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Textbook | NCERT |

Class | Class 12th |

Subject | Maths |

Chapter | 16 |

Exercise | 16.3 |

Category | RD Sharma Solutions |

Table of Contents

**RD Sharma Class 12 Ex 16.3 Solutions Chapter 16 Tangents and Normals **

**Question 1. Find the angle of intersection of the following curves:**

**(i) y**^{2} = x and x^{2} = y

^{2}= x and x

^{2}= y

**Solution:**

First curve is y

^{2}= x. . . . . (1)Differentiating both sides with respect to x, we get,

=> 2y (dy/dx) = 1

=> m

_{1}= dy/dx = 1/2ySecond curve is x

^{2}= y . . . . (2)Differentiating both sides with respect to x, we get,

=> 2x = dy/dx

=> m

_{2}= dy/dx = 2xSolving (1) and (2), we get,

=> x

^{4}− x = 0=> x (x

^{3}− 1) = 0=> x = 0 or x = 1

We know that the angle of intersection of two curves is given by,

tan θ =

where m

_{1}and m_{2}are the slopes of the curves.When x = 0, then y = 0.

So, m

_{1}= 1/2y = 1/0 = ∞m

_{2}= 2x = 2(0) = 0Therefore, tan θ == ∞

=> θ = π/2

When x = 1, then y = 1.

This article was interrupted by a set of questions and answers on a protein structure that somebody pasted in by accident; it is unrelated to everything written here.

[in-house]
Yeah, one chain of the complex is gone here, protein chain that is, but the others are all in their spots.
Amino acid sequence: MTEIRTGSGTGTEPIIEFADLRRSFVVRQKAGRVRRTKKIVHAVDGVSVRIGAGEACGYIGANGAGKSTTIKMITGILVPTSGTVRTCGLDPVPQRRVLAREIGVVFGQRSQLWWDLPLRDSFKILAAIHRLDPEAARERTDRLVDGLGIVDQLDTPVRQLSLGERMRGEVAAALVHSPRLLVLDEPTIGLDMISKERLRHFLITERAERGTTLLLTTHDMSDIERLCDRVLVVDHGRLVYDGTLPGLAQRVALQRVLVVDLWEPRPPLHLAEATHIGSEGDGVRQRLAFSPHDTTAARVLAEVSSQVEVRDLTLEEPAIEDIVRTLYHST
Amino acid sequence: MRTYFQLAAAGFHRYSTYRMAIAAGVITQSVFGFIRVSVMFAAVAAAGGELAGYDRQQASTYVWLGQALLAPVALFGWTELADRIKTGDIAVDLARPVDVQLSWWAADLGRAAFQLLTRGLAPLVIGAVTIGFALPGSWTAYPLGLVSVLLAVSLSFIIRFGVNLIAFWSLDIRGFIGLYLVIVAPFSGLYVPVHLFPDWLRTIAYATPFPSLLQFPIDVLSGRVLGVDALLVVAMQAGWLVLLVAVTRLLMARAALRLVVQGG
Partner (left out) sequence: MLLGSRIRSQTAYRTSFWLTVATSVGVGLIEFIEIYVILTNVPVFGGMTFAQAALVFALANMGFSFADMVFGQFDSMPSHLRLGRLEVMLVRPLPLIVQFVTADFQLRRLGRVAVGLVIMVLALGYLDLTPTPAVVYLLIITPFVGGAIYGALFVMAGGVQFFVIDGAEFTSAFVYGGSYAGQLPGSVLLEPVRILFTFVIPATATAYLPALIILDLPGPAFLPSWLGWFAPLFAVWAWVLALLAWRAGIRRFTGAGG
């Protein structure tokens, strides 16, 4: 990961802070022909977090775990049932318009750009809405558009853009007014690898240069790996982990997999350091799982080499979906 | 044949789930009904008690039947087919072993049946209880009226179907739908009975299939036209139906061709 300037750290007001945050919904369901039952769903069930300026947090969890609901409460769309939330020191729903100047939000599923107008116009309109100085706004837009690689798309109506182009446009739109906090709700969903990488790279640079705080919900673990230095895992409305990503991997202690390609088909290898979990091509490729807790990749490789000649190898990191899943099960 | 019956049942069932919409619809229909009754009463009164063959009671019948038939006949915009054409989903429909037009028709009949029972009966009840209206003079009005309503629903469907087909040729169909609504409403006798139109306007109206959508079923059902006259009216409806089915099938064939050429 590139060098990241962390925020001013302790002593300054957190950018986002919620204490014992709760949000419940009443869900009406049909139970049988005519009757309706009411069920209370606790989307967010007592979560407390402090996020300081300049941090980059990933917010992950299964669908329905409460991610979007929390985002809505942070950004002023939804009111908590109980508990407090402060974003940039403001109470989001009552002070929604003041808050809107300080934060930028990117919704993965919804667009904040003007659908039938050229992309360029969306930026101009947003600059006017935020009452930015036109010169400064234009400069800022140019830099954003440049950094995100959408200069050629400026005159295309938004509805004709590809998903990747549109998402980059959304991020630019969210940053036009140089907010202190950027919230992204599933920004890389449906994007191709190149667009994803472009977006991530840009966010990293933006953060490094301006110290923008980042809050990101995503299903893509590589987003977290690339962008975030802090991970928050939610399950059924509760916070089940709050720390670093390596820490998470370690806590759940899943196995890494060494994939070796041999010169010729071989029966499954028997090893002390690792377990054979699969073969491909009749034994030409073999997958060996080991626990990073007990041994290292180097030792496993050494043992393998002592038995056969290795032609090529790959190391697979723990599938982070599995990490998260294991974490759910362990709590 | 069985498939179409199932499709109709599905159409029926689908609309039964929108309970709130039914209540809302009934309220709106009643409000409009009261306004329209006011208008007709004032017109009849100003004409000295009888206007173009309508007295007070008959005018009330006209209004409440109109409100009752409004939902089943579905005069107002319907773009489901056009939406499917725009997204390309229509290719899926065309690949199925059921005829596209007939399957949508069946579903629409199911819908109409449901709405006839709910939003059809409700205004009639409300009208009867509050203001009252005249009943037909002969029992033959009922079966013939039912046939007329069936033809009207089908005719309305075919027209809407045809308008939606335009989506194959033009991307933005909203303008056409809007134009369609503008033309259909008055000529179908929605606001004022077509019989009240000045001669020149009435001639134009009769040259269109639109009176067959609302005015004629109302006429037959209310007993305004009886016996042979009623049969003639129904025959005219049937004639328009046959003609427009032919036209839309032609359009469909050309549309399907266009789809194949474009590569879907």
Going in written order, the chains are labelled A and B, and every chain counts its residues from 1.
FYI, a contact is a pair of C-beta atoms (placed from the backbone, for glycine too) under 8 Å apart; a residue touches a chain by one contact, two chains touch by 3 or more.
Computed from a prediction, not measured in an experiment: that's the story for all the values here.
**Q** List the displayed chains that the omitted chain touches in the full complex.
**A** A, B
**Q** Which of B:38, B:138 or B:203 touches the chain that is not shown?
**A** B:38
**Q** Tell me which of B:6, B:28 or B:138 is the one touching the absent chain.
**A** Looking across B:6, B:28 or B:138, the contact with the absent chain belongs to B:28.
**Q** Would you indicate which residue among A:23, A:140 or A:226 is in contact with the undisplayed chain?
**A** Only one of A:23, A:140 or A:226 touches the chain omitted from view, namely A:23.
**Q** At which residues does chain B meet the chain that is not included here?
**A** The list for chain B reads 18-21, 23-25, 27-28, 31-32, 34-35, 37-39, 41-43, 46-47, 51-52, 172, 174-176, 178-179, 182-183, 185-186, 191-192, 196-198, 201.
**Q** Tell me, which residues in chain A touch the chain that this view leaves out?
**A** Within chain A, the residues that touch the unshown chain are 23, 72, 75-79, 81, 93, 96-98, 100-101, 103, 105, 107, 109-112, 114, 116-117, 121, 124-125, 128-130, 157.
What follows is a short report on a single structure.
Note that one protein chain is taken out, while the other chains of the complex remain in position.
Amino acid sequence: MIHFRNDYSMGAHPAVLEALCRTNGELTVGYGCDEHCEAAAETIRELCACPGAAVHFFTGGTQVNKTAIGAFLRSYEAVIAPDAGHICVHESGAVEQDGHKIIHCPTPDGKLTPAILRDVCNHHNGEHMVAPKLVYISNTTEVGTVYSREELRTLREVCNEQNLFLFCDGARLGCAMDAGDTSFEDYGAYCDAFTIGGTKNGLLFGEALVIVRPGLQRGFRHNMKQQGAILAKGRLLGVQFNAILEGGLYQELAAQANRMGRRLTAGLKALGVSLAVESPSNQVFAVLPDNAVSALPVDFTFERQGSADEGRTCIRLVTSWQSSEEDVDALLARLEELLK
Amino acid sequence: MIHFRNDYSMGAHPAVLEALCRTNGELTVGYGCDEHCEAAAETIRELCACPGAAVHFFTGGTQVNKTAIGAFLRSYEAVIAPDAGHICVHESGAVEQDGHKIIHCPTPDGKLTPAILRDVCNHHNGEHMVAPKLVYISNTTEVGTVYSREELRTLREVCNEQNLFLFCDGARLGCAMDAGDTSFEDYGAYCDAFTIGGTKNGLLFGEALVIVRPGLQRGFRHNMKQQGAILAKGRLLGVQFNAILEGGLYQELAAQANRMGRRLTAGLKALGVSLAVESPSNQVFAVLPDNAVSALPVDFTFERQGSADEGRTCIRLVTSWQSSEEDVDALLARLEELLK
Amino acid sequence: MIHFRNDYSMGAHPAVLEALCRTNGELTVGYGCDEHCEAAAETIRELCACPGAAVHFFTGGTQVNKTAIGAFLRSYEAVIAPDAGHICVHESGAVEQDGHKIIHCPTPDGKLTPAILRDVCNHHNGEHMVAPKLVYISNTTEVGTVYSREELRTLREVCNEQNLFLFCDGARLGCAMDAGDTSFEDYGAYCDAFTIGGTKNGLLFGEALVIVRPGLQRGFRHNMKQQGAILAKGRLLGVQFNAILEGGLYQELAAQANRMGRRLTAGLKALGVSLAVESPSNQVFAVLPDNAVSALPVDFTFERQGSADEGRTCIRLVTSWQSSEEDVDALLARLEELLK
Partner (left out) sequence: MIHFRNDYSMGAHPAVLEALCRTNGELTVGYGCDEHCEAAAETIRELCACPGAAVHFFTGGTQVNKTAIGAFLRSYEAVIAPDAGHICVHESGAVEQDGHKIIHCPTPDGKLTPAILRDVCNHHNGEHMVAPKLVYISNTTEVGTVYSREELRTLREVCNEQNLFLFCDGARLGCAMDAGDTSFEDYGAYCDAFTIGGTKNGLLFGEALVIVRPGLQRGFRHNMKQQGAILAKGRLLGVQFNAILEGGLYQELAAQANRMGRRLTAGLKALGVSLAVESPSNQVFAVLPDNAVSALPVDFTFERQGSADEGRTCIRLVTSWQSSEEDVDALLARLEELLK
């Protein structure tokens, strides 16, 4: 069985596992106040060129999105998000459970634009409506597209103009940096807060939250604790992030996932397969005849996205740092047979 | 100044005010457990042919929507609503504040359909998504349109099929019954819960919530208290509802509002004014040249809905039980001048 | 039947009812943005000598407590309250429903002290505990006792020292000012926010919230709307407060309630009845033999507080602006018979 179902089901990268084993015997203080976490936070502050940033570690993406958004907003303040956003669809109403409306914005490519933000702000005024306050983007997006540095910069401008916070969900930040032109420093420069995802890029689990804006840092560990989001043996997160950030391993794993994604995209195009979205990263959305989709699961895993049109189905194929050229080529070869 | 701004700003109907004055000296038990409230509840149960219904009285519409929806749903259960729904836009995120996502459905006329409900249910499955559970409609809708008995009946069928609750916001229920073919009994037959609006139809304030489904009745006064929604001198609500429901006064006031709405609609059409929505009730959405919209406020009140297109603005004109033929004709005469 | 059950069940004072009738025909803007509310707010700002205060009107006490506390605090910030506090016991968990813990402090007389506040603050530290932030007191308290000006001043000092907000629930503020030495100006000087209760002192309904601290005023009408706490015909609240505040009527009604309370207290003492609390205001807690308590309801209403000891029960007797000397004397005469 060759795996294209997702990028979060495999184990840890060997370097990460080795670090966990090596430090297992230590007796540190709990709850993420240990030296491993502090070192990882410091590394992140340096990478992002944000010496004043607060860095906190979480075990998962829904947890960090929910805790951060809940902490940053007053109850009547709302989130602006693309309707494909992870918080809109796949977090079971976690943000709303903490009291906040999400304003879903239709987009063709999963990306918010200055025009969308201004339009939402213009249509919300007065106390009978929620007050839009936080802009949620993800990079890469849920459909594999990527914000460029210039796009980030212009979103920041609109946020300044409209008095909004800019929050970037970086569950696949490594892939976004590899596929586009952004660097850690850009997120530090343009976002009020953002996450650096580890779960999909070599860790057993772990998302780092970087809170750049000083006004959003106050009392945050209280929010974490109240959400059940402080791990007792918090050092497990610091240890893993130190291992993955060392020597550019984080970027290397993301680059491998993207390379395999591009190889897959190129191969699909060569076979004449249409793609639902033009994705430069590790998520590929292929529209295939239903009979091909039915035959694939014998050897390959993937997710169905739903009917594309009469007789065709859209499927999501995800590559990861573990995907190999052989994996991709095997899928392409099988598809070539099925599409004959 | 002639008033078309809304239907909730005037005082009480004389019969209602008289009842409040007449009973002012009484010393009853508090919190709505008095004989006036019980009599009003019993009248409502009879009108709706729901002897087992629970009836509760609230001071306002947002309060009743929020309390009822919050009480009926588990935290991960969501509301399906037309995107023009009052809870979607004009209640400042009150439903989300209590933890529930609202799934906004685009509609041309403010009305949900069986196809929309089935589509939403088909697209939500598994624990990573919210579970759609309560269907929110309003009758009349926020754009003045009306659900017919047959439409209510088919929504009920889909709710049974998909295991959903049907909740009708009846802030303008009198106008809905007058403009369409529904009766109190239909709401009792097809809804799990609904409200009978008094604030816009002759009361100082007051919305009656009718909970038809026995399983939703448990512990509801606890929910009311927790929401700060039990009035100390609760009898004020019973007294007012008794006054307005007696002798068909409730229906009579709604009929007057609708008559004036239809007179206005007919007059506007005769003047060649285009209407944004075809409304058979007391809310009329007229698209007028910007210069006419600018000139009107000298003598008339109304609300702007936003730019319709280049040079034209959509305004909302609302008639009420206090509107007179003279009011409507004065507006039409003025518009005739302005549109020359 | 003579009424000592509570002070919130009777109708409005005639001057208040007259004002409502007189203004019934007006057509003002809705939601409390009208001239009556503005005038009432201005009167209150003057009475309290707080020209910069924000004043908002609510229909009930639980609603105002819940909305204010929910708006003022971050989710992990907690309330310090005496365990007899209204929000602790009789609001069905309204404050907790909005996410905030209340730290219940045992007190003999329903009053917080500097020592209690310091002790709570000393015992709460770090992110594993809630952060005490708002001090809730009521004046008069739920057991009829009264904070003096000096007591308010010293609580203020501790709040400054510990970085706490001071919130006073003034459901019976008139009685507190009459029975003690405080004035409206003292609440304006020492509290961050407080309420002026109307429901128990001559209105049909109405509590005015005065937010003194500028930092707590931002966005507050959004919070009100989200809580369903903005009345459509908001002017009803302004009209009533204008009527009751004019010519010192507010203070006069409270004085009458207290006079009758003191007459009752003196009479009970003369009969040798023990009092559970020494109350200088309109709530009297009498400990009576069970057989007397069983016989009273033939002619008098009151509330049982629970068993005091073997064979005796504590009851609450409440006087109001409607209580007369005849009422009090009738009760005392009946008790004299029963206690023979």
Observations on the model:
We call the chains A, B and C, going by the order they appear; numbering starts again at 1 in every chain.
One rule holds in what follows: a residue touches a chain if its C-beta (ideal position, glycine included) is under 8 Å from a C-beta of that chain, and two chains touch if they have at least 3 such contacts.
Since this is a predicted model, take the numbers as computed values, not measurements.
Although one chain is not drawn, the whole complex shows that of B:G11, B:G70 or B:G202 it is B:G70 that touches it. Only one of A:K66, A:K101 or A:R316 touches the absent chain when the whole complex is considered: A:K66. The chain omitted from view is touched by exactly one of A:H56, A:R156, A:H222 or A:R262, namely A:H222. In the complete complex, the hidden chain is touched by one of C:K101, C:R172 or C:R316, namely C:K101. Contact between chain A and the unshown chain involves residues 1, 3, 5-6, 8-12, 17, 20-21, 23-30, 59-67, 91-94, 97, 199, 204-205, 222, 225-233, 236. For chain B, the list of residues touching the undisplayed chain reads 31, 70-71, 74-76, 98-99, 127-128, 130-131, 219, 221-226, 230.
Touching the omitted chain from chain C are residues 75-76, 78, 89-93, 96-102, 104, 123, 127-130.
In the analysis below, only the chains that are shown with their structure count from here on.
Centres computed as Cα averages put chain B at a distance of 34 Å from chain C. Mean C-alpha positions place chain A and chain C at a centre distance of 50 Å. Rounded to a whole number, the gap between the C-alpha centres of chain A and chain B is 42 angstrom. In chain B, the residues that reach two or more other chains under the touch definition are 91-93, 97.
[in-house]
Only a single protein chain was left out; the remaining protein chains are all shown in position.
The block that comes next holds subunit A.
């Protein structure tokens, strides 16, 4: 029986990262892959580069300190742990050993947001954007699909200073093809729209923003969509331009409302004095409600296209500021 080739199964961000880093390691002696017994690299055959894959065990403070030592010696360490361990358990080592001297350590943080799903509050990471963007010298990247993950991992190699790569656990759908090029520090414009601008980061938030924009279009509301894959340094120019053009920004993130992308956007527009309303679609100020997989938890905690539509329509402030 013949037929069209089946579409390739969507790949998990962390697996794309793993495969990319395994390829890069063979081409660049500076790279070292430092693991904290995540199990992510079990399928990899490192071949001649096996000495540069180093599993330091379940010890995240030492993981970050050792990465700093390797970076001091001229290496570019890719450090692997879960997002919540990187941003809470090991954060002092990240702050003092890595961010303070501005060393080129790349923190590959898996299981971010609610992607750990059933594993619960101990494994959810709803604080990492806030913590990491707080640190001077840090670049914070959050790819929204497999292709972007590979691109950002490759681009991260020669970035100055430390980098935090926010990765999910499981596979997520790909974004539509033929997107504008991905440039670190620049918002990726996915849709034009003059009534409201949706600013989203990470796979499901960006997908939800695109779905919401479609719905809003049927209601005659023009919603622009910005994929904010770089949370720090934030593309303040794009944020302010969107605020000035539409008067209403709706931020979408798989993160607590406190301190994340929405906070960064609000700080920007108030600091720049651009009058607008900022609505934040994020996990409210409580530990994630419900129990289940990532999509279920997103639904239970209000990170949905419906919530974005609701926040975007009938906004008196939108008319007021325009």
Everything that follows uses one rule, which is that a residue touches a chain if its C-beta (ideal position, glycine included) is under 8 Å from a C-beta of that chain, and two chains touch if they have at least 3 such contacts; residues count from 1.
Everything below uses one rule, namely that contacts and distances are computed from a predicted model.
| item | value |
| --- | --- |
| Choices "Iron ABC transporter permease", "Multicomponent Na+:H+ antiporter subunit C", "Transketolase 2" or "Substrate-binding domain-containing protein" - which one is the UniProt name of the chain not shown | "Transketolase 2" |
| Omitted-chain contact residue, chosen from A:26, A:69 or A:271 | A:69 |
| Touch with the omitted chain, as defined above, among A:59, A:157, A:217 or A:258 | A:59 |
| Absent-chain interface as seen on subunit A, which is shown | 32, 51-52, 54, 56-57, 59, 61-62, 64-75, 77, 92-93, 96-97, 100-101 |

So, m

_{1}= 1/2y = 1/2m

_{2}= 2x = 2(1) = 2Therefore, tan θ =

=> θ = tan

^{−1 }(3/4)

**(ii) y = x**^{2} and x^{2} + y^{2} = 20

^{2}and x

^{2}+ y

^{2}= 20

**Solution:**

First curve is y = x

^{2}. . . . . (1)Differentiating both sides with respect to x, we get,

=> (dy/dx) = 2x

=> m

_{1}= dy/dx = 2xSecond curve is x

^{2}+ y^{2}= 20 . . . . (2)Differentiating both sides with respect to x, we get,

=> 2x + 2y (dy/dx) = 0

=> m

_{2}= dy/dx = −x/ySolving (1) and (2), we get,

=> y

^{2}+y − 20 = 0=> y

^{2}+ 5y − 4y − 20 = 0=> (y + 5) (y − 4) = 0

=> y = −5 or y = 4

Ignoring y = − 5 as x becomes √(−5) in that case, which is not possible.

When y = 4, we get x

^{2}= 4=> x = ±2

We know that the angle of intersection of two curves is given by,

tan θ =

where m

_{1}and m_{2}are the slopes of the curves.When x = ±2 and y = 4, we get,

m

_{1 }= 2x = 2(2) = 4 or ±4m

_{2}= −x/y = −2/4 = −1/2So, tan θ =

=> θ = tan

^{−1}(9/2)When x = −2 and y = 4, we get,

m

_{1}= 2x = 4 or −4m

_{2 }= −x/y = 1/2 or −1/2So, tan θ =

=> θ = tan

^{−1}(9/2)

**(iii) 2y**^{2} = x^{3} and y^{2} = 32x

^{2}= x

^{3}and y

^{2}= 32x

**Solution:**

First curve is 2y

^{2}= x^{3}. . . . . (1)Differentiating both sides with respect to x, we get,

=> 4y (dy/dx) = 3x

^{2}=> m

_{1}= dy/dx = 3x^{2}/4ySecond curve is y

^{2}= 32x. . . . . (2)Differentiating both sides with respect to x, we get,